The issue demands a comprehensive, evidence-based reckoning. Chronic problems of inadequate retirement income have been spotlighted lately, but a critical post mortem of the EPF Covid-19 schemes must focus on the under-55 working age population actively contributing to the EPF (EPF members 55 and above do not need i-Lestari, i-Sinar or i-Citra; they are free to withdraw their savings).
Details on the EPF withdrawals, besides the total amounts, have not been disclosed and the impacts have yet to be researched in-depth. Nonetheless, a June-July 2021 survey by the Social Wellbeing Research Centre generated some preliminary insights. We must not discount the reality of economic hardships, but the survey also shows that the allure of instant money is difficult to resist. Whereas public cash transfers amounted to the thousands, EPF withdrawals could reach the tens of thousands.
Would retaining qualifying conditions have engendered better targeting? Only a quarter of survey respondents who accessed the Covid-19 schemes lost their jobs. 36 per cent of respondents suffered salary deduction of 25 per cent or more; 36 per cent experienced no income loss.
We must not discount the reality of economic hardships, but the survey also shows that the allure of instant money is difficult to resist.
The specific ways the cash infusion helped families survive remains to be ascertained conclusively. We can gather from the survey that a majority accessed close to the maximum allowed: 60 per cent withdrew RM5,000-6,000 under i-Lestari, 72 per cent withdrew RM5,000-10,000 under i-Sinar. Also, much of the money was spent on daily needs, but also on loan repayment, with a difference between i-Lestari (52 per cent for daily expenses, 17 per cent for loan repayment) and i-Sinar (32 per cent daily expenses, 31 per cent loan repayment). Loan moratoriums were on offer throughout 2021. Policy-makers ought to be troubled if so many used EPF retirement savings to service loans.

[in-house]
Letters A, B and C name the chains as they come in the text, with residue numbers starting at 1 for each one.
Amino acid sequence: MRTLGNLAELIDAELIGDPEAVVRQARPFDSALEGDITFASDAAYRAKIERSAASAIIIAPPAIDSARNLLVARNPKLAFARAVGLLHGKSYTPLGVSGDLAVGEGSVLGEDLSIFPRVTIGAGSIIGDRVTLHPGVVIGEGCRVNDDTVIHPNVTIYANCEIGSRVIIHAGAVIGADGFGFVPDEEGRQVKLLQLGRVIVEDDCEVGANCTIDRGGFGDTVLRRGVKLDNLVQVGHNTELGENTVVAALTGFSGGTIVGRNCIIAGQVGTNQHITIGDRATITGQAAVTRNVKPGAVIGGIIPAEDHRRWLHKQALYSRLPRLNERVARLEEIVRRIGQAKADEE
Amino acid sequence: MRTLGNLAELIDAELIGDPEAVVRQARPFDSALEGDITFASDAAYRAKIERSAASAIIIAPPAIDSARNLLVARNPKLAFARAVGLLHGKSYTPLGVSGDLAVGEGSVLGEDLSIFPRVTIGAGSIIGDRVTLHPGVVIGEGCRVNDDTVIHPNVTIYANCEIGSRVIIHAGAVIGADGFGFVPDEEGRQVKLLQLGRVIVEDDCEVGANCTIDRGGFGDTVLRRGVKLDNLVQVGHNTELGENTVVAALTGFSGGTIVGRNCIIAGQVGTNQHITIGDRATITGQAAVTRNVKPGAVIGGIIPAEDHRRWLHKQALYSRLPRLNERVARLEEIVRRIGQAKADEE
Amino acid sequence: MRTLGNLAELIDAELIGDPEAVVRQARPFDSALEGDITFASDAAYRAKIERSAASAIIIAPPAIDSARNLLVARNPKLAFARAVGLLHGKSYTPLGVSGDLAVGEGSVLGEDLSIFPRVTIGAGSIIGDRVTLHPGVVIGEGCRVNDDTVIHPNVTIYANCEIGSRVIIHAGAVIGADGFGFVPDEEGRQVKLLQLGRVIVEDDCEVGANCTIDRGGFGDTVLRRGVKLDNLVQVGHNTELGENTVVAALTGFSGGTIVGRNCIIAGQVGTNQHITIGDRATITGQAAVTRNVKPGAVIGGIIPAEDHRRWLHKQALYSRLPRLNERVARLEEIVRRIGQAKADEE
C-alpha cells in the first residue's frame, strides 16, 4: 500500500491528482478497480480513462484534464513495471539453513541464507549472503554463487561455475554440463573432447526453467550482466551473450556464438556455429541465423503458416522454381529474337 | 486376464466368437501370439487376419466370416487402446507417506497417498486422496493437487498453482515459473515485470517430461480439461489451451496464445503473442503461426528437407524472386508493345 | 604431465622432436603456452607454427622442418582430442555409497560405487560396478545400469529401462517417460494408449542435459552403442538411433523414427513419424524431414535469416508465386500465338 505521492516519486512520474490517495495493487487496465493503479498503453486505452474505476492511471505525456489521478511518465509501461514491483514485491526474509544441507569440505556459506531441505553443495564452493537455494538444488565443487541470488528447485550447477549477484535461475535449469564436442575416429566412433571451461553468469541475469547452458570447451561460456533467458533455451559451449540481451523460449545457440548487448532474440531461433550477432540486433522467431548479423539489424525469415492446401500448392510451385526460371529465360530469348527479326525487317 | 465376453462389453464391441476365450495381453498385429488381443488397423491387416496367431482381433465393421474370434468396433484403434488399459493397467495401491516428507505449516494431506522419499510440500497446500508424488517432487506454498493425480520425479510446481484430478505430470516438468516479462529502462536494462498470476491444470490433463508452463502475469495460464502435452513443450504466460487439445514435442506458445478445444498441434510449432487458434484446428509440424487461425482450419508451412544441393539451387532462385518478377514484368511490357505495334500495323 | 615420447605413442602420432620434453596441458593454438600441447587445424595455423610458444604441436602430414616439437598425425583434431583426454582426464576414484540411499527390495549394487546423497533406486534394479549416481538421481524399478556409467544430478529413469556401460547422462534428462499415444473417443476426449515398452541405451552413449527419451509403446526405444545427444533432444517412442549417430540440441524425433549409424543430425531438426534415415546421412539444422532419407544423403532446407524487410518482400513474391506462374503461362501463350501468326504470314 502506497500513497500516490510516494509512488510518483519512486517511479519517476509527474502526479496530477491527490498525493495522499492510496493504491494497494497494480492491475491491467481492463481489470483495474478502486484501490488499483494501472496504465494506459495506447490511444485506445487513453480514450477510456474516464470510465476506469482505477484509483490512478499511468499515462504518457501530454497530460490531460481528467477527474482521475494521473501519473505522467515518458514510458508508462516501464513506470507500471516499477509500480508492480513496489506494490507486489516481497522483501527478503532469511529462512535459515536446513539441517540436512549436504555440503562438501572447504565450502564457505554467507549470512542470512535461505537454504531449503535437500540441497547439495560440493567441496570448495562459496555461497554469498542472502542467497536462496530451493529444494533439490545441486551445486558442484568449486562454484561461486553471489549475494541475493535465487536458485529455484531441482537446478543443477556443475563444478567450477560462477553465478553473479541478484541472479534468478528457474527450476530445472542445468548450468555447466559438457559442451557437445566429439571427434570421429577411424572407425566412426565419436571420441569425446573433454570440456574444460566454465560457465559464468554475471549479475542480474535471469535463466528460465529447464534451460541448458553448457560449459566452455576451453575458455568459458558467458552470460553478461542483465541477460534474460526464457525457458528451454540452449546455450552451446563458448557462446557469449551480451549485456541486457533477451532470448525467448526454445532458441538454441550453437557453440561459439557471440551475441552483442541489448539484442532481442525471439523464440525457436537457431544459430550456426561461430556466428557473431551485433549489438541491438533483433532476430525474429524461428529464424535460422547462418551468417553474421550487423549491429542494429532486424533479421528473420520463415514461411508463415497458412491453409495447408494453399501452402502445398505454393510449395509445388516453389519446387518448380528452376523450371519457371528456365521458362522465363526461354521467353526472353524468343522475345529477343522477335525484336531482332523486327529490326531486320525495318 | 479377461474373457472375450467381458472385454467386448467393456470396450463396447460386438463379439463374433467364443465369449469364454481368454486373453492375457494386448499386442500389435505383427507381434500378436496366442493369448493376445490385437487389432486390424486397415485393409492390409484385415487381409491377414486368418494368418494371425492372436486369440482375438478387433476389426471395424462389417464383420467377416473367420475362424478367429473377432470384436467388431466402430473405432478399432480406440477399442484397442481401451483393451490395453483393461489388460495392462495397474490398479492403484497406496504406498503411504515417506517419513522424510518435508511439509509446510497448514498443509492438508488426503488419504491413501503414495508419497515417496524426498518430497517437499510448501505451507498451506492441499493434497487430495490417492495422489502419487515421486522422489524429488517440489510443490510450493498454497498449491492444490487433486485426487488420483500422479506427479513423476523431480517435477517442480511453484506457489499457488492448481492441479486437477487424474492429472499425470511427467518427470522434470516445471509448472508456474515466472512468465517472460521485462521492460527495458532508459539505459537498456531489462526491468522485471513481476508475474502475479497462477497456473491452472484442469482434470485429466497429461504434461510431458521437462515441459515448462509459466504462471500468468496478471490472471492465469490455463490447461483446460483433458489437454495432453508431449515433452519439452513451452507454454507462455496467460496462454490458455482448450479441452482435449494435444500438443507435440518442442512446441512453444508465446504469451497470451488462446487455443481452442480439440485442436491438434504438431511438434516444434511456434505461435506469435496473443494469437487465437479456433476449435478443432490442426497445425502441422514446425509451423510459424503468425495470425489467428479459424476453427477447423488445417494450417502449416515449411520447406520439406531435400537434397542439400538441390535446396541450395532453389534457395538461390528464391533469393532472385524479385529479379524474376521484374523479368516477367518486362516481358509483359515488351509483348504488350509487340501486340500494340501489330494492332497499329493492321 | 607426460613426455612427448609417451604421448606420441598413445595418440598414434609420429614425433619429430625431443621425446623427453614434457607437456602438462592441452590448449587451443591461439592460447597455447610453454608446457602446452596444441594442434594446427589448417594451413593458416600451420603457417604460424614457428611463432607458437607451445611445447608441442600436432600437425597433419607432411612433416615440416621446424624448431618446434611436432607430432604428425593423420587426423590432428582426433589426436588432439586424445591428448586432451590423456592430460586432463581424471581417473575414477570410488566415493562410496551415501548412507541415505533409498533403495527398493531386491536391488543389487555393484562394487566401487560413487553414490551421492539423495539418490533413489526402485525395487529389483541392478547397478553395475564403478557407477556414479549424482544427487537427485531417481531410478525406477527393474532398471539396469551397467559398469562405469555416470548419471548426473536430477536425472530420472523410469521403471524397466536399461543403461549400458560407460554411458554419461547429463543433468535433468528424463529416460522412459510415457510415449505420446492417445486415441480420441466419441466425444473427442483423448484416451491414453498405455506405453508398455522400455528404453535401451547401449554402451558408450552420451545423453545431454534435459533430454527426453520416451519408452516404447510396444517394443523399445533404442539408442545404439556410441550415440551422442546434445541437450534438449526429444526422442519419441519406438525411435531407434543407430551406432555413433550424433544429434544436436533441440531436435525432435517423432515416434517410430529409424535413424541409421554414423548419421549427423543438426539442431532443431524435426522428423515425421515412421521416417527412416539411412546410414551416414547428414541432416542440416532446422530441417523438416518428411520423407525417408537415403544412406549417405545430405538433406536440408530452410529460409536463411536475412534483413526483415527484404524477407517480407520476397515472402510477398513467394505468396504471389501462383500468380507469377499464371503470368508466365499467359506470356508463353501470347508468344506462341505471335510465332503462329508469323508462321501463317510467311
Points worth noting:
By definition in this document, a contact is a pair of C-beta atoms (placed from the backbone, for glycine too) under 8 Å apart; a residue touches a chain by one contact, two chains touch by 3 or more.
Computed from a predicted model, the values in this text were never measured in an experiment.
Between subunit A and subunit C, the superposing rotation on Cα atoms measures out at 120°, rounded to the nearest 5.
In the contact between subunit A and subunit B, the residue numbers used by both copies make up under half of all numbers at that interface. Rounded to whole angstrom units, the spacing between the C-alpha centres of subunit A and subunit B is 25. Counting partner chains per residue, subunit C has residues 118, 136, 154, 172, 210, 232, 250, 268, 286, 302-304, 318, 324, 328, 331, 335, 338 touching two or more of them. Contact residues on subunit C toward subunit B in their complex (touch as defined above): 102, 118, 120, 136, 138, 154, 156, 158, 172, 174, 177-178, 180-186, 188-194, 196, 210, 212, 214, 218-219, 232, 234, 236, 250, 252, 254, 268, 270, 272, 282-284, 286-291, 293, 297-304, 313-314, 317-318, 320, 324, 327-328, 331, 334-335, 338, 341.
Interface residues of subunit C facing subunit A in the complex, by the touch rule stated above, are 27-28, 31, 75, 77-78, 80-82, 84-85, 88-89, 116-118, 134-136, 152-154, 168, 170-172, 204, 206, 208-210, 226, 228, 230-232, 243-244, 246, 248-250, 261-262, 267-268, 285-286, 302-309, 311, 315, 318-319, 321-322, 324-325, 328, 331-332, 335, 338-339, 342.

One would expect that calls to use the EPF for emergency relief would have subsided by now. Instead, attention should turn to plugging the gaping hole in millions of retirement savings accounts.
But the same players, with Najib again at the forefront, are agitating for more EPF funds to be released to aid recovery from the recent catastrophic floods. The political context is also replaying, with factions of Malay-party United Malays National Organisation (UMNO) wielding clout over Prime Minister Ismail Sabri, who holds the highest government office but does not, as UMNO Vice-President, command the party.
Apparent ethnic patterns of participation in the EPF Covid-19 schemes cannot be ignored. According to the survey, Malays, while comprising 55 per cent of Malaysian citizens, accounted for a disproportionately high 73 per cent of participants, with Sabah and Sarawak Bumiputeras making up 15 per cent, Chinese 5.5 per cent, and Indians 0.5 per cent.
Are retirement savings being targeted, under cover of emergency funding, as popularity boosters with a particular ethnic base? The hint of such a possibility underscores the gravity of the EPF’s predicaments, and the need for an unyielding inquiry.
Lee Hwok-Aun is Senior Fellow of the Regional Economic Studies Programme, and Co-coordinator of the Malaysia Studies Programme, ISEAS – Yusof Ishak Institute.